WSAR News talked with Bristol Eighth District State Representative Paul Schmid about the future of South Coast Rail and the greater problem of a lack of public transportation here in the local area.
Rep. Schmid reiterated multiple times he is concerned about the price tag on the various mechanical issue fixes to the T in Boston, estimated between $10-15 million and how that impacts the South Coast.
He said it’s important to make sure money does not get lost on us because of the project sixty miles north.
"We all know funding that will take money away from the transportation investment we need down here,” the Bristol representative said. “We're pretty certain the South Coast Rail is being adequately funded and will begin in 2022. That's not the only one of our transportation needs down here though."
Schmid added that its magnified by lack of a regional bus service in the area modeling the same hours available as in Boston. The eighth district representative told WSAR the limited operation of hours the bus service offers constricts economic development.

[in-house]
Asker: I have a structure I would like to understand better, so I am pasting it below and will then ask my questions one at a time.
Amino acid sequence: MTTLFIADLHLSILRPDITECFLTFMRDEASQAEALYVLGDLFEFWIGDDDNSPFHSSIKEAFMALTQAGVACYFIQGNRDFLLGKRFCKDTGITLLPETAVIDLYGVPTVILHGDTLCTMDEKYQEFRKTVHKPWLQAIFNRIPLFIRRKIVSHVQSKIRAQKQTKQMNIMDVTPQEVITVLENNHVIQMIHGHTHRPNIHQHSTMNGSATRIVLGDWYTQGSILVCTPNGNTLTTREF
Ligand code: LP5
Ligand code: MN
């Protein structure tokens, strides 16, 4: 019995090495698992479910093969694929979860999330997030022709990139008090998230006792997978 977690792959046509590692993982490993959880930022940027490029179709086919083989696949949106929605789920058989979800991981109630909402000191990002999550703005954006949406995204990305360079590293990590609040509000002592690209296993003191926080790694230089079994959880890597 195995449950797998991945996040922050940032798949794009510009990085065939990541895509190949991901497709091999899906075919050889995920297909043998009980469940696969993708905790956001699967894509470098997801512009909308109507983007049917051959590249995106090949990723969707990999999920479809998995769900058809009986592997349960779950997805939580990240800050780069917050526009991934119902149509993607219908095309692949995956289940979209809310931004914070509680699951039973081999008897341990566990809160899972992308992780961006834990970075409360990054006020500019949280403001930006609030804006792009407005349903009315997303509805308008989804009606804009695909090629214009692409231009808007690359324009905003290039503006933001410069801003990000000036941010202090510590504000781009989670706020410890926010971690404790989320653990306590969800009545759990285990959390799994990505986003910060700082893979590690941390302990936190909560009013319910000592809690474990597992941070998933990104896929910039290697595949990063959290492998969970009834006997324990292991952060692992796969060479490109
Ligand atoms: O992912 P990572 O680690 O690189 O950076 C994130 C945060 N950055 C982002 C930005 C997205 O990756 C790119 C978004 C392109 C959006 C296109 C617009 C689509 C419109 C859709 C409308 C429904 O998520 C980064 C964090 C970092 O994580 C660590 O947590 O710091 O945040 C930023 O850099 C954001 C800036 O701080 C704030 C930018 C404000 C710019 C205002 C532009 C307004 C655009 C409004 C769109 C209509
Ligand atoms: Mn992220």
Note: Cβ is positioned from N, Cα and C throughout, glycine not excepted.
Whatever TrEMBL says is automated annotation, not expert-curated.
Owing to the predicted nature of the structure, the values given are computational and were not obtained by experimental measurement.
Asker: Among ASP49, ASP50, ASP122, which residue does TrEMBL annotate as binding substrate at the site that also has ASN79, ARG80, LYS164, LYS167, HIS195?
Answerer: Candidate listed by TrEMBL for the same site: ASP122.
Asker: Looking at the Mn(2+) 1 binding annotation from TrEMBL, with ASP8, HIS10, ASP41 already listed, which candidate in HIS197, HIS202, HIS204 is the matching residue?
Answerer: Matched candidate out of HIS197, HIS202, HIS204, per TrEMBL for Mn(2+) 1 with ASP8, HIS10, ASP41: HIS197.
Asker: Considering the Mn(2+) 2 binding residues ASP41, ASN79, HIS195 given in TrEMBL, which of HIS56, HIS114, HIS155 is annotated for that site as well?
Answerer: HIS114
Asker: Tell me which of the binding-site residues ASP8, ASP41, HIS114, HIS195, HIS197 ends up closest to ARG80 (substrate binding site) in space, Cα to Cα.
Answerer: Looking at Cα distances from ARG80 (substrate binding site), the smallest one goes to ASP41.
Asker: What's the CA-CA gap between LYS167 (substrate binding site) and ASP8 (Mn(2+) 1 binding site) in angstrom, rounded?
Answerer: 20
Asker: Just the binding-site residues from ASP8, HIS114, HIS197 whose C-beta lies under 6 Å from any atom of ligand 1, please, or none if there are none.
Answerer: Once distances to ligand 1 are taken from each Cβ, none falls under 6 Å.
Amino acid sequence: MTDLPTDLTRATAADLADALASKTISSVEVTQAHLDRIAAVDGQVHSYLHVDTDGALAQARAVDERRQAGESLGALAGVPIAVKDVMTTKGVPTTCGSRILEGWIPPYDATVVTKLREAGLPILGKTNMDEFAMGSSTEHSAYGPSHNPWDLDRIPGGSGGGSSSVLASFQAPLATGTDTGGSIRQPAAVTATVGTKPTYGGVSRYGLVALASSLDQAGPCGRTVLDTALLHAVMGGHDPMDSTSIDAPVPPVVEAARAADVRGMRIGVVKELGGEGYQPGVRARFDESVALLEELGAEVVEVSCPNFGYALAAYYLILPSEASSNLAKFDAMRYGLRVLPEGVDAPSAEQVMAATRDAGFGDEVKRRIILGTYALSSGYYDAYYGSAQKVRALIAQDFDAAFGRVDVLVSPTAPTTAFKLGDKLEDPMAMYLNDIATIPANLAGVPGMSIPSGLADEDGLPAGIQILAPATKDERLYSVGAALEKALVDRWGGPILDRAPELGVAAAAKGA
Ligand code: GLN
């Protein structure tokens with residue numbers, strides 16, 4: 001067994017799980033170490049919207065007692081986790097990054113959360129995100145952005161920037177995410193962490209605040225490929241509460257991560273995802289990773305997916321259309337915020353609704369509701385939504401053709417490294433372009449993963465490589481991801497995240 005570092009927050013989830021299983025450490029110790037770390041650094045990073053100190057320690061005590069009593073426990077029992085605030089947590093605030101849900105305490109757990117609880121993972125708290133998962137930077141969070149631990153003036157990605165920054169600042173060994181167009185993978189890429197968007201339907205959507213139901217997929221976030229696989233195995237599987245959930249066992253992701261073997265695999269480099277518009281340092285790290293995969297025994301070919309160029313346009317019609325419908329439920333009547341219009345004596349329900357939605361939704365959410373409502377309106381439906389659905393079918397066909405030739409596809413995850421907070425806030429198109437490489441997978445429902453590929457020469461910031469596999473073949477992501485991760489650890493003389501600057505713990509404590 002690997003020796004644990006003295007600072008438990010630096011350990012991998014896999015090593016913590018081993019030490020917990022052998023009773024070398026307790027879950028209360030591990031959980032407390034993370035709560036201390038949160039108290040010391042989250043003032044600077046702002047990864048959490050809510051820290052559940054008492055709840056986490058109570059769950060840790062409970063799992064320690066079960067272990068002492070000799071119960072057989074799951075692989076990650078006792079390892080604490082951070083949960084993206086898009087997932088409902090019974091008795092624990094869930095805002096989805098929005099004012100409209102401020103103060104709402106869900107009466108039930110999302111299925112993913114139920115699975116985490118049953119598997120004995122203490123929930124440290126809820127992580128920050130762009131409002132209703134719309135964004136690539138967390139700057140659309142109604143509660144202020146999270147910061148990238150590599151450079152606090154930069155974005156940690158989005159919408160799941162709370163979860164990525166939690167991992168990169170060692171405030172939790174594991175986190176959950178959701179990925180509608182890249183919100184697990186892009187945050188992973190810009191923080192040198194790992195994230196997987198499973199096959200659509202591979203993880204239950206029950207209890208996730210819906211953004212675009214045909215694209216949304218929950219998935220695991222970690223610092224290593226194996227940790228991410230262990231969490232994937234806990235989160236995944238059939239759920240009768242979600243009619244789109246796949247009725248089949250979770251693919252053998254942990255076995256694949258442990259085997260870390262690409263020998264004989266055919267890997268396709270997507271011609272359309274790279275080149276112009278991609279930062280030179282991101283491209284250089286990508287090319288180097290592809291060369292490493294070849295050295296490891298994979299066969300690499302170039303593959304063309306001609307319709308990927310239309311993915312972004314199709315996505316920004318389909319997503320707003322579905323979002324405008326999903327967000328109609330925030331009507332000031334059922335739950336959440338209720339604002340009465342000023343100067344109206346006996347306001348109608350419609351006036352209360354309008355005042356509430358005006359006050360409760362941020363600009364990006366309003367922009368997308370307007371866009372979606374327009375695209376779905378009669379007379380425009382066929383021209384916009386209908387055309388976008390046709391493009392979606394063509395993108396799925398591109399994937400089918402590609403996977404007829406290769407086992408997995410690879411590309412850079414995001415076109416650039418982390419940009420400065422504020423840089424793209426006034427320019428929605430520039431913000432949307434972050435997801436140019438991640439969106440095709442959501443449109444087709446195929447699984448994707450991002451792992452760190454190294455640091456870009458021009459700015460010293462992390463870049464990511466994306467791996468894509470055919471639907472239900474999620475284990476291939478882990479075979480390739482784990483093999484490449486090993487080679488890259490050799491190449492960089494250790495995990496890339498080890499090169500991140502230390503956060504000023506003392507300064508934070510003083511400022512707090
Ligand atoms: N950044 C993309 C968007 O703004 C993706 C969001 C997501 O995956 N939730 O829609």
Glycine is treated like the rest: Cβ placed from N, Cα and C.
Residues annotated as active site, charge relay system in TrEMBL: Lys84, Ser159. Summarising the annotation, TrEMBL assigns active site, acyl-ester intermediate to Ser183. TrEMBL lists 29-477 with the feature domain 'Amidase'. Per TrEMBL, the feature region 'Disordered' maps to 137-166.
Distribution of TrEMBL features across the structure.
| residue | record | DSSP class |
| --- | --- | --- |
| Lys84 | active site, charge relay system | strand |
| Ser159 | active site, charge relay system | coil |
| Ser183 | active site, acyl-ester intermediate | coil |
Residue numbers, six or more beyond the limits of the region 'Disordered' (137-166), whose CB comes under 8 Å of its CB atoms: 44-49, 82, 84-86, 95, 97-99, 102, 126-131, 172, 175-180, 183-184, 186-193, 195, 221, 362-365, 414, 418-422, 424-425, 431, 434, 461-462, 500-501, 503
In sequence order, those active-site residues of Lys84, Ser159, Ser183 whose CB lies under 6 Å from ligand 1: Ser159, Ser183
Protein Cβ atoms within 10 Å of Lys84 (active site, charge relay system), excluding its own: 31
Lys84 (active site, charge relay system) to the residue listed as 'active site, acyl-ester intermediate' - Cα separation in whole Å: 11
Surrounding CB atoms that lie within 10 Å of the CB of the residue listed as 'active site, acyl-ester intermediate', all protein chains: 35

“The bus service stops at 6 p.m. and not in service on Sundays,” he said. “How can we hope to get our young people working if they can't get to work for a night shift or on a Sunday?"
In Fall River, the bus routes to B.C.C, Swansea and a few other key locations end at 9 p.m. on weeknights and after 6:30 p.m. on Saturdays. Currently, there is an experimental service implemented earlier in the year adding hours to the Stafford Road route and another one in New Bedford.
"We need more public transportation here on the South Coast,” Rep. Schmid said. “When we start hearing the numbers about what it's going to cost to fix the T, I worry about what's going to be left for us down here. We're going to keep fighting on that front - we have to."
A version of South Coast Rail is planned to start in 2022.